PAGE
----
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I am early to mid-career academic in the field of business. Leaving a tenure-track job, I am currently considering two different offers with very different pros and cons. While I do not consider this next job to be my forever place and do wish to settle down in a balanced tenured role in the future, I'm having trouble deciding between the two:

  1. Tenure-track position in a teaching University:
  • Offered at the associate level
  • Very small town, small University
  • 3/3 teaching load
  • Relatively good benefits/support but not a huge amount of research support provided
  1. Non-tenure track teaching position in R1:
  • Very reputable, large University
  • Offered a teaching assistant professor
  • 4/4 teaching load
  • Relatively good benefits/support (for a teaching role)
  • Bigger town

Of course, the "tenure-track" position feels very attractive, but working at the R1 school will also help with building good relationships and networks for research in the future. I understand that it will depend on my needs and preferences, and any advice or opinions would be appreciated thank you!

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    A 4/4 teaching load seems... a lot, to also be trying to build relations and network? Apr 4, 2023 at 11:16
  • Without stating what your goals are there is absolutely nothing we can say. You've already stated the differences between your two options. What matters is how they relate to what you want to achieve. Apr 4, 2023 at 16:22
  • @prets true, but i was considering within the department, since other faculty will be more research active than those in the teaching uni Apr 5, 2023 at 5:49

2 Answers 2

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I do not consider this next job to be my forever place

In my observation -- albeit in mathematics, rather than business -- neither job is likely to be a good stepping stone towards a more research-oriented tenure-track job. People can and do move, but unless your record is exceptional this would require a lot of luck.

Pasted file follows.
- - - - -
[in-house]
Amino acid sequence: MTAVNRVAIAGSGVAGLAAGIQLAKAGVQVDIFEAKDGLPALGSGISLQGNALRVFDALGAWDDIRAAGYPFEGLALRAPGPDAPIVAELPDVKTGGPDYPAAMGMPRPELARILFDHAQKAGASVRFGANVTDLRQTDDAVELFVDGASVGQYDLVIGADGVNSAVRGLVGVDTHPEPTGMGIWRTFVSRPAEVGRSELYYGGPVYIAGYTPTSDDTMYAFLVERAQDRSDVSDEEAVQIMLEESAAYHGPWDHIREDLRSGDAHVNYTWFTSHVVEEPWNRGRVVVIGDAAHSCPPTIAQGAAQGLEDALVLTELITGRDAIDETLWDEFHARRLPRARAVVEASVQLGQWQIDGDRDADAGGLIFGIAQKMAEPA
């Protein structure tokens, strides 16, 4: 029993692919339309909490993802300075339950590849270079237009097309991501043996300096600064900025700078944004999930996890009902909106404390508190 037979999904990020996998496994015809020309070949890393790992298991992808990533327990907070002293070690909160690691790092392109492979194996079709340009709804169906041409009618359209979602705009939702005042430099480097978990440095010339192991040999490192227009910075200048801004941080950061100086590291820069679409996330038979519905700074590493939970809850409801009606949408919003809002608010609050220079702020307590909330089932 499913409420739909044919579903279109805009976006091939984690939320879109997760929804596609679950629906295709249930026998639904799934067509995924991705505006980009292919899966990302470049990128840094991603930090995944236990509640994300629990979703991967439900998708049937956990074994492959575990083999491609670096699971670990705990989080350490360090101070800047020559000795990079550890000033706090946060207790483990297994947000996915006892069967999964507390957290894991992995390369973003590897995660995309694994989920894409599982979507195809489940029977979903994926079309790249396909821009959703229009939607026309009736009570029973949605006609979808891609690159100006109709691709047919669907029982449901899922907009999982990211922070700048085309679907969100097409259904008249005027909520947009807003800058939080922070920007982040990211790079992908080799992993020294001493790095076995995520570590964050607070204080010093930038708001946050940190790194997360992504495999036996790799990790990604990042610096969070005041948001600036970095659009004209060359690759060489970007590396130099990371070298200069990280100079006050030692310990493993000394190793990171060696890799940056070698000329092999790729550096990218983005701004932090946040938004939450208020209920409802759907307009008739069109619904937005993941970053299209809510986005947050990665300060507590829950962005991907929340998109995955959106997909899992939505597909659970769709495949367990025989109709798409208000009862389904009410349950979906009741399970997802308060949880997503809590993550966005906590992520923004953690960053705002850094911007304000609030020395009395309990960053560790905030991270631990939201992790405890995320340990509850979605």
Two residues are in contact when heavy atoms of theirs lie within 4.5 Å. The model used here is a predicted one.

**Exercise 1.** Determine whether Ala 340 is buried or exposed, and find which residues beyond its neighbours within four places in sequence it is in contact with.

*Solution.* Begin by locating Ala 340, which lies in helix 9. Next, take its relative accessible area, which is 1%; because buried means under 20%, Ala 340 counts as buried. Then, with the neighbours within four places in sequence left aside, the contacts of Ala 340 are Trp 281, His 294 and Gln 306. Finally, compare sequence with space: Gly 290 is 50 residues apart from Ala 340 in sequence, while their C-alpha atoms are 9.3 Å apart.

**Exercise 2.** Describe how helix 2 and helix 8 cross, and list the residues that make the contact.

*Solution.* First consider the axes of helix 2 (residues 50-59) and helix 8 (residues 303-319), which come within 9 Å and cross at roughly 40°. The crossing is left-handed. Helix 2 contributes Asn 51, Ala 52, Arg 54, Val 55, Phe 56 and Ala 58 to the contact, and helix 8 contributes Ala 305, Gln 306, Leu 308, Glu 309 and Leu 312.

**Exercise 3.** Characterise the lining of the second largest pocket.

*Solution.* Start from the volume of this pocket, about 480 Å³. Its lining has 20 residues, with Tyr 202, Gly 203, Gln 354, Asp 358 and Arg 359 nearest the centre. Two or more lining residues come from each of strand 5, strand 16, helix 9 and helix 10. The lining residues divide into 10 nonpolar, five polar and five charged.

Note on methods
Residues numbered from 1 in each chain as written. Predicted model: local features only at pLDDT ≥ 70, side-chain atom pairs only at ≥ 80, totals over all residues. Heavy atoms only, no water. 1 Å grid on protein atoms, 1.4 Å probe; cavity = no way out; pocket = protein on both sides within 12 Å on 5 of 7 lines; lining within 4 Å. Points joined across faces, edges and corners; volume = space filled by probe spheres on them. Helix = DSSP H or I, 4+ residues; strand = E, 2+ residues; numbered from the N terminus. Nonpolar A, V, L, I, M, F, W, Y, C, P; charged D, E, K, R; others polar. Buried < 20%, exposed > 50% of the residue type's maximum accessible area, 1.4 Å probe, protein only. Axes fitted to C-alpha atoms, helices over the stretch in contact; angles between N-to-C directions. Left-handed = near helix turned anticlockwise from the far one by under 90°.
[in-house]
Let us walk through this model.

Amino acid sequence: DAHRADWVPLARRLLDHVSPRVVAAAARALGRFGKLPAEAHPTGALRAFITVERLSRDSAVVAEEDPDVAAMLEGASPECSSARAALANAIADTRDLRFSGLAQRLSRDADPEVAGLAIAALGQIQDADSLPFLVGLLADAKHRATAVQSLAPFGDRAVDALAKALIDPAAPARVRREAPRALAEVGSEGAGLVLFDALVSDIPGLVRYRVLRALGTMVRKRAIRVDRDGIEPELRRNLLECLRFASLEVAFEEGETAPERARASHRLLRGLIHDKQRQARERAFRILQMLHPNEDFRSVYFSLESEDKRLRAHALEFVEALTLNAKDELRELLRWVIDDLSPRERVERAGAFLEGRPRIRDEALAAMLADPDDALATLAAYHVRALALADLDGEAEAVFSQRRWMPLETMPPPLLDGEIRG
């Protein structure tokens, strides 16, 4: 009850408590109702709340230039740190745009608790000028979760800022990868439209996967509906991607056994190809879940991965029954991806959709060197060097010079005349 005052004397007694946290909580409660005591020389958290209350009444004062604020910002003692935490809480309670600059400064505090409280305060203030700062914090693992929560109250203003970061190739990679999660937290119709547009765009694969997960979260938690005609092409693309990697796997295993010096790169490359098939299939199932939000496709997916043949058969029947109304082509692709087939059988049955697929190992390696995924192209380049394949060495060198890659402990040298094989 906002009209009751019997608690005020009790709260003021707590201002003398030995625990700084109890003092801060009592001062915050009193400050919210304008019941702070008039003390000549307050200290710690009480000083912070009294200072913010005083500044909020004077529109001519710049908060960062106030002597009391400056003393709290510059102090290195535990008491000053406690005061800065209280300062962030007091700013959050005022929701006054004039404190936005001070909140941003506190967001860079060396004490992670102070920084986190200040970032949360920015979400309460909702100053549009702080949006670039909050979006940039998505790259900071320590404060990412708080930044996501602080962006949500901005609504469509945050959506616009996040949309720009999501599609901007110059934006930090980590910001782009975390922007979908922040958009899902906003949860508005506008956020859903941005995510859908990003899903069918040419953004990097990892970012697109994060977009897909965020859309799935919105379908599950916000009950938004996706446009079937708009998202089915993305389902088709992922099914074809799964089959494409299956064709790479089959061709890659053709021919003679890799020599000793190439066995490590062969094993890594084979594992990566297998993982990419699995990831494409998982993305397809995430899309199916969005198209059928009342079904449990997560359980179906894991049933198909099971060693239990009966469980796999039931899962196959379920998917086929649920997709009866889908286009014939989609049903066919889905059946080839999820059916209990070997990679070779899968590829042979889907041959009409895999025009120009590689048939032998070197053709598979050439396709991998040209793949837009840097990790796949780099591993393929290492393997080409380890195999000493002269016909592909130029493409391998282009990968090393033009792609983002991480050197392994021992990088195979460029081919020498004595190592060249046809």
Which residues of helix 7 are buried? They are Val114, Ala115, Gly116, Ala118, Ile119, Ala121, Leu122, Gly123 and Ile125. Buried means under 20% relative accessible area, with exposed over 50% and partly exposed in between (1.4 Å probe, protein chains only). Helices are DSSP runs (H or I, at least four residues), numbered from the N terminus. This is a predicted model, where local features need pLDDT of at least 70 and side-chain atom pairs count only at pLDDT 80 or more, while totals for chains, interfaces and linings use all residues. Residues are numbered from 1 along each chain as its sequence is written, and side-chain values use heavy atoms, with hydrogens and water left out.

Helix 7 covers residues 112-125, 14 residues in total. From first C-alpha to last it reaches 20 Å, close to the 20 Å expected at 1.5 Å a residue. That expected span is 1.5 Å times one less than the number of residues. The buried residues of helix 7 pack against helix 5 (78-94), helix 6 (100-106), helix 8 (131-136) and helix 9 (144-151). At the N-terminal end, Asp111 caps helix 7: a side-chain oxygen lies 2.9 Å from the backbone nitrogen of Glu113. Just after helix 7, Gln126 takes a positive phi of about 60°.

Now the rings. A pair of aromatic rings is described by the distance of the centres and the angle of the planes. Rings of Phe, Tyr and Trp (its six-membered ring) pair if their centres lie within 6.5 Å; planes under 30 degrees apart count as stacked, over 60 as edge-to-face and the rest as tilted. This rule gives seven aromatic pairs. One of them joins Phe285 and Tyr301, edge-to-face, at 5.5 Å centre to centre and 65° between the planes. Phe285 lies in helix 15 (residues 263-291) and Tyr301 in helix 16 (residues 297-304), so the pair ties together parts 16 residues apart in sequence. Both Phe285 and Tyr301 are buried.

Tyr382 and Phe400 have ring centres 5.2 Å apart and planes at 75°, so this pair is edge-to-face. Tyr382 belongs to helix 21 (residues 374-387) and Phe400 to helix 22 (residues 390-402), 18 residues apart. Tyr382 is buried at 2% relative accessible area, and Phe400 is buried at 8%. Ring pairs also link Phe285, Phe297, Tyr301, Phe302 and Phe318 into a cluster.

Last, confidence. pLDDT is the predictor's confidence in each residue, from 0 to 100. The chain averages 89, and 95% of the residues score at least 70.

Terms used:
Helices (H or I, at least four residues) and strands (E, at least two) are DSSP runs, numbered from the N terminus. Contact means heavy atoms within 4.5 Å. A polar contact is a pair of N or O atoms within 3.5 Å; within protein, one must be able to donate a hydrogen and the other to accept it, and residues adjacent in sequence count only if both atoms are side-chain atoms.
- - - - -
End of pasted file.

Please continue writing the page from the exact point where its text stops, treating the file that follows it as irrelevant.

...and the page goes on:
If you take either job, I would do so on the basis that it might be your forever place after all: evaluate the position on its own terms, rather than what it might do for your long-term ambitions.

Alternatively, you say you are in a tenure-track job now. I don't know your personal situation, but if neither of these jobs offers is a good match for your eventual goals, you might consider staying if possible.

Good luck.

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    I think this is a very important answer. In general, taking a teaching centric position with the hopes of somehow spinning it into a research career goes wrong at least as often as it works.
    – xLeitix
    Apr 4, 2023 at 12:36
  • Thank you for the comment. My current role is supposed to be a balanced research role, but i am teaching 9 courses per year at minimum... so either options are in fact better than my current situation in terms of teaching load :S Apr 5, 2023 at 5:53
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This is a tough one because I don't know about the specifics of your situation. I would lean towards the tenure-track offer at the smaller school. Although I don't abide by the famous quote, "Better be first at a small Iberian village than second in Rome", I think there is some wisdom to it. At the small school, you'll have a bigger role, with students at your disposal who might not be graduate students but will nevertheless need undergraduate thesis projects and some of them might even be interested in research. With the tenure track position, you will be respected and you'll have a say in the inner workings of your department and school.

This is not to say that you'll not be respected at the big school, but remember that they are hiring you to teach. Teaching at a big school might mean teaching demanding students and large classes so you might not have as much time to work on your research as you might expect. Plus, I'm not sure that you can readily get involved in some research group or whether you'll be welcome to do so. At the small school, you can build the career you like, apply for research grants, develop classes, etc. And if you do manage to build a research group you'll be seen as a superstar because this is not expected of you. I think this might even increase your chances of applying and getting tenured at bigger schools after a few years at the small school.

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    Thank you, i understand your points and they do make complete sense. While creating a research group will require big funding, i guess i will need to start there if i wish to go for the smaller school Apr 5, 2023 at 5:59

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